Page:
Title

Effect of Additional Lumbosacral Corset on the Outcome of Patients with Non-Specific Acute Low Back Pain at The Aga Khan University Hospital, Nairobi

Date of Award

5-30-2016

Document Type

Dissertation

Degree Name

Master of Medicine (MMed)

First Supervisor/Advisor

Dr. Akil Fazal

Second Supervisor/Advisor

Prof. Hassan Saidi

Third Supervisor/Advisor

Mr. Parmenas K. Oroko

Department

General Surgery (East Africa)

Abstract

Introduction: Low back pain (LBP) is a common problem world over affecting 60-90% of the population in their lifetime. It is a leading reason for hospital admission, healthcare spending, workplace absenteeism and years lived with disability.

Up to 90% of patients suffering from low back pain do not have a serious pathology warranting imaging or further intervention besides symptom relief. These are categorized as having non- specific low back pain. This has a good prognosis running a short course of 3 to 6 weeks.

The management of non-specific acute LBP entails analgesia and non-pharmacologic interventions (back school and physical therapy). Many modalities of physical therapy are often employed for non-specific acute LBP. The use of lumbosacral corset as a physical therapy for non-specific acute LBP has not been clearly supported with scientific evidence. However, it is commonly prescribed for this category of patients. It is important to assess the effect of this modality on the outcome of patients with non- specific acute LBP.

Objective: To assess the outcome (change in back specific disability) of patients with non-specific acute low back pain treated with a lumbosacral corset in addition to a standard analgesic protocol compared to those on a standard analgesic protocol alone over a 3- week duration at the Aga Khan University Hospital, Nairobi, Kenya.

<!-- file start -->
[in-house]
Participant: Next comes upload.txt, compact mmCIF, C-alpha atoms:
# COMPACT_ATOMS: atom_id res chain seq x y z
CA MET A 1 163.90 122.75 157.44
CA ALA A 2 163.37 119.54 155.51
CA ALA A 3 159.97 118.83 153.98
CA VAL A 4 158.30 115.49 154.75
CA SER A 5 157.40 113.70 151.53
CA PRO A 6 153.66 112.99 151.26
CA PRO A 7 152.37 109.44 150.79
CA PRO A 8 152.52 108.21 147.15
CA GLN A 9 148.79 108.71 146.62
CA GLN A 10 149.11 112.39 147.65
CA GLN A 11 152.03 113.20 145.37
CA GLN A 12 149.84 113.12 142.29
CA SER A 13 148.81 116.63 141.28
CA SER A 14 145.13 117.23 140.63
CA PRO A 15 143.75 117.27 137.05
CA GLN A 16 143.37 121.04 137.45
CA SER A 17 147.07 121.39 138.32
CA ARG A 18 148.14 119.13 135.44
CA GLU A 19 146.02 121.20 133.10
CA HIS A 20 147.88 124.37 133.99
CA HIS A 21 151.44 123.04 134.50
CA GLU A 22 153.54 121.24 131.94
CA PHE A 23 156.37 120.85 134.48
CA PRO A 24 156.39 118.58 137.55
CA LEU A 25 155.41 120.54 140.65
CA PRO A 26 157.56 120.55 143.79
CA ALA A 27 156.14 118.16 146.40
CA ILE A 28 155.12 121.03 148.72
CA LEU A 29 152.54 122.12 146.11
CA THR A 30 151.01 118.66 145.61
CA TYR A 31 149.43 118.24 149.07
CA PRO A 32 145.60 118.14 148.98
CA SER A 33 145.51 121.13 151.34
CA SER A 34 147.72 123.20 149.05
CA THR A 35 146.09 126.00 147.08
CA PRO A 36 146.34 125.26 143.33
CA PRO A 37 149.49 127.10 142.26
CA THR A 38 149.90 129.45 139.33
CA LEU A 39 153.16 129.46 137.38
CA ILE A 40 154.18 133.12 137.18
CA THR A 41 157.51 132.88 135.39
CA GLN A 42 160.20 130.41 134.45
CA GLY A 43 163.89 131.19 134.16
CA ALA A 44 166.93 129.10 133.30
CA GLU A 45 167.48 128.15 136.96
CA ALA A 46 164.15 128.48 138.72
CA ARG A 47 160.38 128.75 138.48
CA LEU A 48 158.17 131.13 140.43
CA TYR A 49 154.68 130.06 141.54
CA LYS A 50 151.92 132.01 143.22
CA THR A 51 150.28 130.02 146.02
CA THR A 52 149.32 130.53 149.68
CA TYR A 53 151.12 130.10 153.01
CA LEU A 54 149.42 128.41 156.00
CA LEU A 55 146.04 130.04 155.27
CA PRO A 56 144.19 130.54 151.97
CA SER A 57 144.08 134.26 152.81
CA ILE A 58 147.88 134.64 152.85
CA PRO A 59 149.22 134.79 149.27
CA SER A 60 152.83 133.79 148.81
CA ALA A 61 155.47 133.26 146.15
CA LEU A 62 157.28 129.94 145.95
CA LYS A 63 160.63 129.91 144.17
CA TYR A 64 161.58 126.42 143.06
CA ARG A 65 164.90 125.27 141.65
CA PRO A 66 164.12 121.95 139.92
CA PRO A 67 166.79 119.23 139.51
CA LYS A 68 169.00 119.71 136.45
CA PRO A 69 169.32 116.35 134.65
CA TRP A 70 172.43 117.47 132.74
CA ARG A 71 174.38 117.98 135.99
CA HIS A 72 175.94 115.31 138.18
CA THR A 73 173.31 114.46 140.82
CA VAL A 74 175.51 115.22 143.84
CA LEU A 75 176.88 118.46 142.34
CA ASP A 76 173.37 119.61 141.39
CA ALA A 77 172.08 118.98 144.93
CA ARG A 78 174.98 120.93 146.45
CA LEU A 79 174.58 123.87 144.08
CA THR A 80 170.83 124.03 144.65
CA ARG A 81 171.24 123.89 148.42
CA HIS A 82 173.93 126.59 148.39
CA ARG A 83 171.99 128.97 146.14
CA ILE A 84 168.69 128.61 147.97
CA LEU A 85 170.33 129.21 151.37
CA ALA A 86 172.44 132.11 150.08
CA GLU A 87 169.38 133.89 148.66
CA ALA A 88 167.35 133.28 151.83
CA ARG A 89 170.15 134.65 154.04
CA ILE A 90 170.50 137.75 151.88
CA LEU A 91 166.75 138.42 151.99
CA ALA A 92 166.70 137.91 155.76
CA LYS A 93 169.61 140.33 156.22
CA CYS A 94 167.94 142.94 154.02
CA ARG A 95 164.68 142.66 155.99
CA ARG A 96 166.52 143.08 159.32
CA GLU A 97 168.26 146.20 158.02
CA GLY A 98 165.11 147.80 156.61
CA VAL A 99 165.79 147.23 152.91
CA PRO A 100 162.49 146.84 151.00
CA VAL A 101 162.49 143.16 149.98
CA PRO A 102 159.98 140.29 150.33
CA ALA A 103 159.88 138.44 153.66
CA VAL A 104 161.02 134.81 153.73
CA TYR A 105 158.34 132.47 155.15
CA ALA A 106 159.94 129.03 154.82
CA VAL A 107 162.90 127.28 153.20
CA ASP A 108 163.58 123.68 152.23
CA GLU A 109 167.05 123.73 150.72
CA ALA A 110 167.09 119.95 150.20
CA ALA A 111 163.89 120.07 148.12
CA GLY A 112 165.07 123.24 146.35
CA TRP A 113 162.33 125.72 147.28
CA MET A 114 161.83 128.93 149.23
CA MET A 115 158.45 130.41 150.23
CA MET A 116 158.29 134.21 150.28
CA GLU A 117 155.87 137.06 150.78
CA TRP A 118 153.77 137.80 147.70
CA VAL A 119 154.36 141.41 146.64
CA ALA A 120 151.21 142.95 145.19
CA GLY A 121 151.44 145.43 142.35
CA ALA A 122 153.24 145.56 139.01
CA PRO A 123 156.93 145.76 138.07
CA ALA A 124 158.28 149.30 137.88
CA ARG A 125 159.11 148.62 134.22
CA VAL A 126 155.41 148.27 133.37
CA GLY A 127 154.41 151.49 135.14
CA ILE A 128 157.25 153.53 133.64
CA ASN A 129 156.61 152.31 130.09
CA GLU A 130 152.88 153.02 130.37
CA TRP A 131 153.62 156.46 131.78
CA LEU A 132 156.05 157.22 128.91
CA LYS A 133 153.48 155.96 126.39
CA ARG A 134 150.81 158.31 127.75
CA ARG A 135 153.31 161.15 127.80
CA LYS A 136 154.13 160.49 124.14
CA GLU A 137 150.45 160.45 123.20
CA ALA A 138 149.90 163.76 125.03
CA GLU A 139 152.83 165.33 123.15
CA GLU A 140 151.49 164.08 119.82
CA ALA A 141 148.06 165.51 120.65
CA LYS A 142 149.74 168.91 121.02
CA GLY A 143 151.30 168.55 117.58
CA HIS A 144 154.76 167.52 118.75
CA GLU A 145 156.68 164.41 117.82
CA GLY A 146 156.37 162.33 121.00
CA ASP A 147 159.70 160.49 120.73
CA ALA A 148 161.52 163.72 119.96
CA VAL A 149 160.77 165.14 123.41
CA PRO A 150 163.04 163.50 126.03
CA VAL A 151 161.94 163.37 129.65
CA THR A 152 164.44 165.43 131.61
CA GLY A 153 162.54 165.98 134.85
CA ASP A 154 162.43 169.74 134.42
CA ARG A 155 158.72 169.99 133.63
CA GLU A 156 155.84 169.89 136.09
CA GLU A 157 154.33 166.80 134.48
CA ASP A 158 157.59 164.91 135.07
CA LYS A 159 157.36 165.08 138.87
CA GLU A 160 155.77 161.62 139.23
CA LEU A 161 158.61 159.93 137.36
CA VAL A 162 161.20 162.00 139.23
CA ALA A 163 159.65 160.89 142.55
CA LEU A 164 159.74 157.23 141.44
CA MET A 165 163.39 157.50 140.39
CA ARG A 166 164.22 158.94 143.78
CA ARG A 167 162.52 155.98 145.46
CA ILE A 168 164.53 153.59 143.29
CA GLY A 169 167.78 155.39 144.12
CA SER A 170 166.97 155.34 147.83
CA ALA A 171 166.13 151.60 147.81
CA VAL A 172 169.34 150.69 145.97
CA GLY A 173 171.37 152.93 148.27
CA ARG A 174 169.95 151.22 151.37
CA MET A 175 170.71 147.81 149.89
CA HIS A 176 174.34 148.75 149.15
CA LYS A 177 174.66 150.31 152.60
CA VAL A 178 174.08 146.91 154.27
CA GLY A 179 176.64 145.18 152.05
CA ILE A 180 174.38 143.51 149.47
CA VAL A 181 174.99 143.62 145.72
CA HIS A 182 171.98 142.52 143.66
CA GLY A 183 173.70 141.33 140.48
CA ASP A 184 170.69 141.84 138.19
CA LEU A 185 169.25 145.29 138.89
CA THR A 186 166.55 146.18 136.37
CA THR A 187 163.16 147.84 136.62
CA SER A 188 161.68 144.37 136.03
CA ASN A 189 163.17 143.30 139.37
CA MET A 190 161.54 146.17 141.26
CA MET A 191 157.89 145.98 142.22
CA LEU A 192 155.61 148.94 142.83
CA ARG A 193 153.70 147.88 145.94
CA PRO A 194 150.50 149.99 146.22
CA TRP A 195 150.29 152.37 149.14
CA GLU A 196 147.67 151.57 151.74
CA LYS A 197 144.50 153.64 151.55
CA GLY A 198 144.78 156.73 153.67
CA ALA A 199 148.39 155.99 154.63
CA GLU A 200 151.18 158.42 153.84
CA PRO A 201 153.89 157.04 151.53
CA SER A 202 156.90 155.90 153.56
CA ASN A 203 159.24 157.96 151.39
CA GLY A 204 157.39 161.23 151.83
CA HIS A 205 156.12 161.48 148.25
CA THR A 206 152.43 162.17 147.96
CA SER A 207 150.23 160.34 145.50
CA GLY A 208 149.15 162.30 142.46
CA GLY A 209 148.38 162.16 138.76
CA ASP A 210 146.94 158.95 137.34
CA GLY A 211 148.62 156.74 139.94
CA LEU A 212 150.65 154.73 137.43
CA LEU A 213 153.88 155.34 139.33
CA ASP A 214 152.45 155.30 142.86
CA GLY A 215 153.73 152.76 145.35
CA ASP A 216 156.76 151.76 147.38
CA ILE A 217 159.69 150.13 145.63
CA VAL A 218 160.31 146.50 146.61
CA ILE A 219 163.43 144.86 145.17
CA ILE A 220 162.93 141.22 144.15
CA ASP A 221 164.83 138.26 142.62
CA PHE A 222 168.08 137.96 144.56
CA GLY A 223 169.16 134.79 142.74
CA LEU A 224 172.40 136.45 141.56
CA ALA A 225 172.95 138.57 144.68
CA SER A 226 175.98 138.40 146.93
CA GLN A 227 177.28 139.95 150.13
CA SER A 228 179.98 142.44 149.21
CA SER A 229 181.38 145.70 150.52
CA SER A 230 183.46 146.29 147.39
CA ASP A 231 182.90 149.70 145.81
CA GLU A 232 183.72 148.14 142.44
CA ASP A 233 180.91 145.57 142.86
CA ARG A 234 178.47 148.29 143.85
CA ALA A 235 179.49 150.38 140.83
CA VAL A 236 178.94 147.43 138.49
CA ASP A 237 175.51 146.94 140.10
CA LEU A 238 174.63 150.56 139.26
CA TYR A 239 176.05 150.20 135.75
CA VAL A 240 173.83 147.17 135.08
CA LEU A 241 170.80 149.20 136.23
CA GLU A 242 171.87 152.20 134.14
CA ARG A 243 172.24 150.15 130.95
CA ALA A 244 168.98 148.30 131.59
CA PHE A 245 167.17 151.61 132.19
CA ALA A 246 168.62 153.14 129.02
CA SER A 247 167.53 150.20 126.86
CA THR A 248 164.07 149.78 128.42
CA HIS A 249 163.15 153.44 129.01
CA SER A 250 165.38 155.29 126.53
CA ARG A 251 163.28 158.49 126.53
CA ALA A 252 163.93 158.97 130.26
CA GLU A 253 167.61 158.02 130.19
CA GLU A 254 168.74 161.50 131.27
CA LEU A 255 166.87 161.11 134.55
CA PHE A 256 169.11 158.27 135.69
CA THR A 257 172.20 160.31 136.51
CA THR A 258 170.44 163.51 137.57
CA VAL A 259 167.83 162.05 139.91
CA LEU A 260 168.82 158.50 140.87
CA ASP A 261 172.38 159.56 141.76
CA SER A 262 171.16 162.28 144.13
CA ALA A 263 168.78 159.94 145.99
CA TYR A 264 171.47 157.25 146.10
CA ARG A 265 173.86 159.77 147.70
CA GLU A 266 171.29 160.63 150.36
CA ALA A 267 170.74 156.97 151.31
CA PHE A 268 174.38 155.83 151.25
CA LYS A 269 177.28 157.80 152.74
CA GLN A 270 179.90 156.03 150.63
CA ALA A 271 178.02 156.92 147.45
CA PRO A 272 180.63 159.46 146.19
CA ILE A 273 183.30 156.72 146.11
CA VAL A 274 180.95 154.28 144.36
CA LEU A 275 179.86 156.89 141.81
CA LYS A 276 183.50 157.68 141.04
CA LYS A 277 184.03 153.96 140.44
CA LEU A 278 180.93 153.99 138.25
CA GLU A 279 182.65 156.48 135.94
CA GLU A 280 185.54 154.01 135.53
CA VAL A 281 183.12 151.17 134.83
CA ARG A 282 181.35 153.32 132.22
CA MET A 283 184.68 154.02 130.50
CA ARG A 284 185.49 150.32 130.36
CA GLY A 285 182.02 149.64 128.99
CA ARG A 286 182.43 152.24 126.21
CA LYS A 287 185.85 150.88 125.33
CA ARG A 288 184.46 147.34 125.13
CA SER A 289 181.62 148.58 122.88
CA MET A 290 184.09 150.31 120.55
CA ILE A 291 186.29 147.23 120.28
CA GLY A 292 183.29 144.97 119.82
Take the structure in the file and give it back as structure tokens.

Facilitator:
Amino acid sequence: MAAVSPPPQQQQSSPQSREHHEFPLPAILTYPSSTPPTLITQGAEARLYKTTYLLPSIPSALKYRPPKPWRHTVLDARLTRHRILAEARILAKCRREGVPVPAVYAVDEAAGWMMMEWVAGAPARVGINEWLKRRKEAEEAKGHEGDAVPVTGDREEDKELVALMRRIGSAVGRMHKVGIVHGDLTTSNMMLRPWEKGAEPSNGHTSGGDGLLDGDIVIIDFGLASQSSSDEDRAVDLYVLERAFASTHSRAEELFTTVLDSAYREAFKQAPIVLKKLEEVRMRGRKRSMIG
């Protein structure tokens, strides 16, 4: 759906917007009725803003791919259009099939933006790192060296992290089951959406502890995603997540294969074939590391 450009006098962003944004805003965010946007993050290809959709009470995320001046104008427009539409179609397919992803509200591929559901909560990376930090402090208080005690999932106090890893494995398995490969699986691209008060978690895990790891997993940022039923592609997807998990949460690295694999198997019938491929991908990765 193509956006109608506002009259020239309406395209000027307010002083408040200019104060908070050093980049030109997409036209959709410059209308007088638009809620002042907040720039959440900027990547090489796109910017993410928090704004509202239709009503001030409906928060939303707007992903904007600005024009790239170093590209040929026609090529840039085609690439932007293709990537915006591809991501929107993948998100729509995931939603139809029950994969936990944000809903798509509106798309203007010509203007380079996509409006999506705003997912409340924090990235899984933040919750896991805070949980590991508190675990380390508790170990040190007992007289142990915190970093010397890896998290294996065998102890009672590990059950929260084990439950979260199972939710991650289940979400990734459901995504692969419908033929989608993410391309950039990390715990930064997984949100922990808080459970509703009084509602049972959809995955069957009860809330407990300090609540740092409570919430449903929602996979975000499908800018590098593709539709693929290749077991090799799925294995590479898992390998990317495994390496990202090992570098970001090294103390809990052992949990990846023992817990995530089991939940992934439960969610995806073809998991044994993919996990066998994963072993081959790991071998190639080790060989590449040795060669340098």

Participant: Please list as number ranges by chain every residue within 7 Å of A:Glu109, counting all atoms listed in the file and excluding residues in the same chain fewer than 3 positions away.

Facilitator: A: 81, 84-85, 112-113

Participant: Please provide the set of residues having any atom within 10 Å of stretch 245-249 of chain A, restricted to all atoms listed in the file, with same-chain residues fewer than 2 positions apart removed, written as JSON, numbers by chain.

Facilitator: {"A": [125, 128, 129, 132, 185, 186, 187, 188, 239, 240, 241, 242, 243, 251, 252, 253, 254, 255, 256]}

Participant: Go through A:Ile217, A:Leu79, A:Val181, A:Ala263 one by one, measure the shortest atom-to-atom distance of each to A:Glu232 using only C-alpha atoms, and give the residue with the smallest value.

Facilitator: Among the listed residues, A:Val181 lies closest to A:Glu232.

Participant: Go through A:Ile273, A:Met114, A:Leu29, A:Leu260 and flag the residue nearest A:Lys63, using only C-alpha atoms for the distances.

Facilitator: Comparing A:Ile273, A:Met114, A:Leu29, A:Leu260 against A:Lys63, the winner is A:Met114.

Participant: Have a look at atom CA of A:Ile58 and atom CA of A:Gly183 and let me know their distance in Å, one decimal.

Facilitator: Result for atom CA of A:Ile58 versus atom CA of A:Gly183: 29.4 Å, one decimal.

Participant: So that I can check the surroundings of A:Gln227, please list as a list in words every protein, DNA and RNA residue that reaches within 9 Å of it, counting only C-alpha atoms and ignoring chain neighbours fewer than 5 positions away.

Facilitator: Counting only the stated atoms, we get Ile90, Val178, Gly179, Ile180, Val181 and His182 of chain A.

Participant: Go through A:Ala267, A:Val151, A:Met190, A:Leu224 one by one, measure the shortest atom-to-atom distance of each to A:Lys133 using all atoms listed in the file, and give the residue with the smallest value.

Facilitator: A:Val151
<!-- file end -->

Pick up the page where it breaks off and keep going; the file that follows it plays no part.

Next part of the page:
Methods: A two-arm single blinded randomized controlled trial was carried out involving 82 consecutively sampled patients. Patients were randomized to analgesic protocol alone or analgesic protocol and a lumbosacral corset and followed up weekly for three weeks. Back specific disability was assessed using the Oswestry Disability Index (ODI). The primary outcome was the mean change in the ODI score between the two arms. We analyzed the data by use of repeated masures ANOVA.

Results: Seventy-nine patients were analysed. The baseline characteristics were similar. There was a significant effect of time on the ODI (F=(1.38, 106.56)=207.89, P=.000). There was a statistically significant difference in ODI score between the two arms favouring the intervention arm ( F (1, 27)=4.23, p=.043). The difference in pain score and days off duty was not statistically significant. The number of days off duty was comparable between the two arms. Compliance to use of lumbosacral corset was good with mean of 1 day off the corset. The maximal change in both ODI and pain score occurred between the first and second reviews indicating maximum clinical improvement with the first week.

Conclusion: Compared to use of analgesia alone, the use of additional lumbosacral corset among patients with non-specific acute LBP resulted in a significant improvement in their back specific disability

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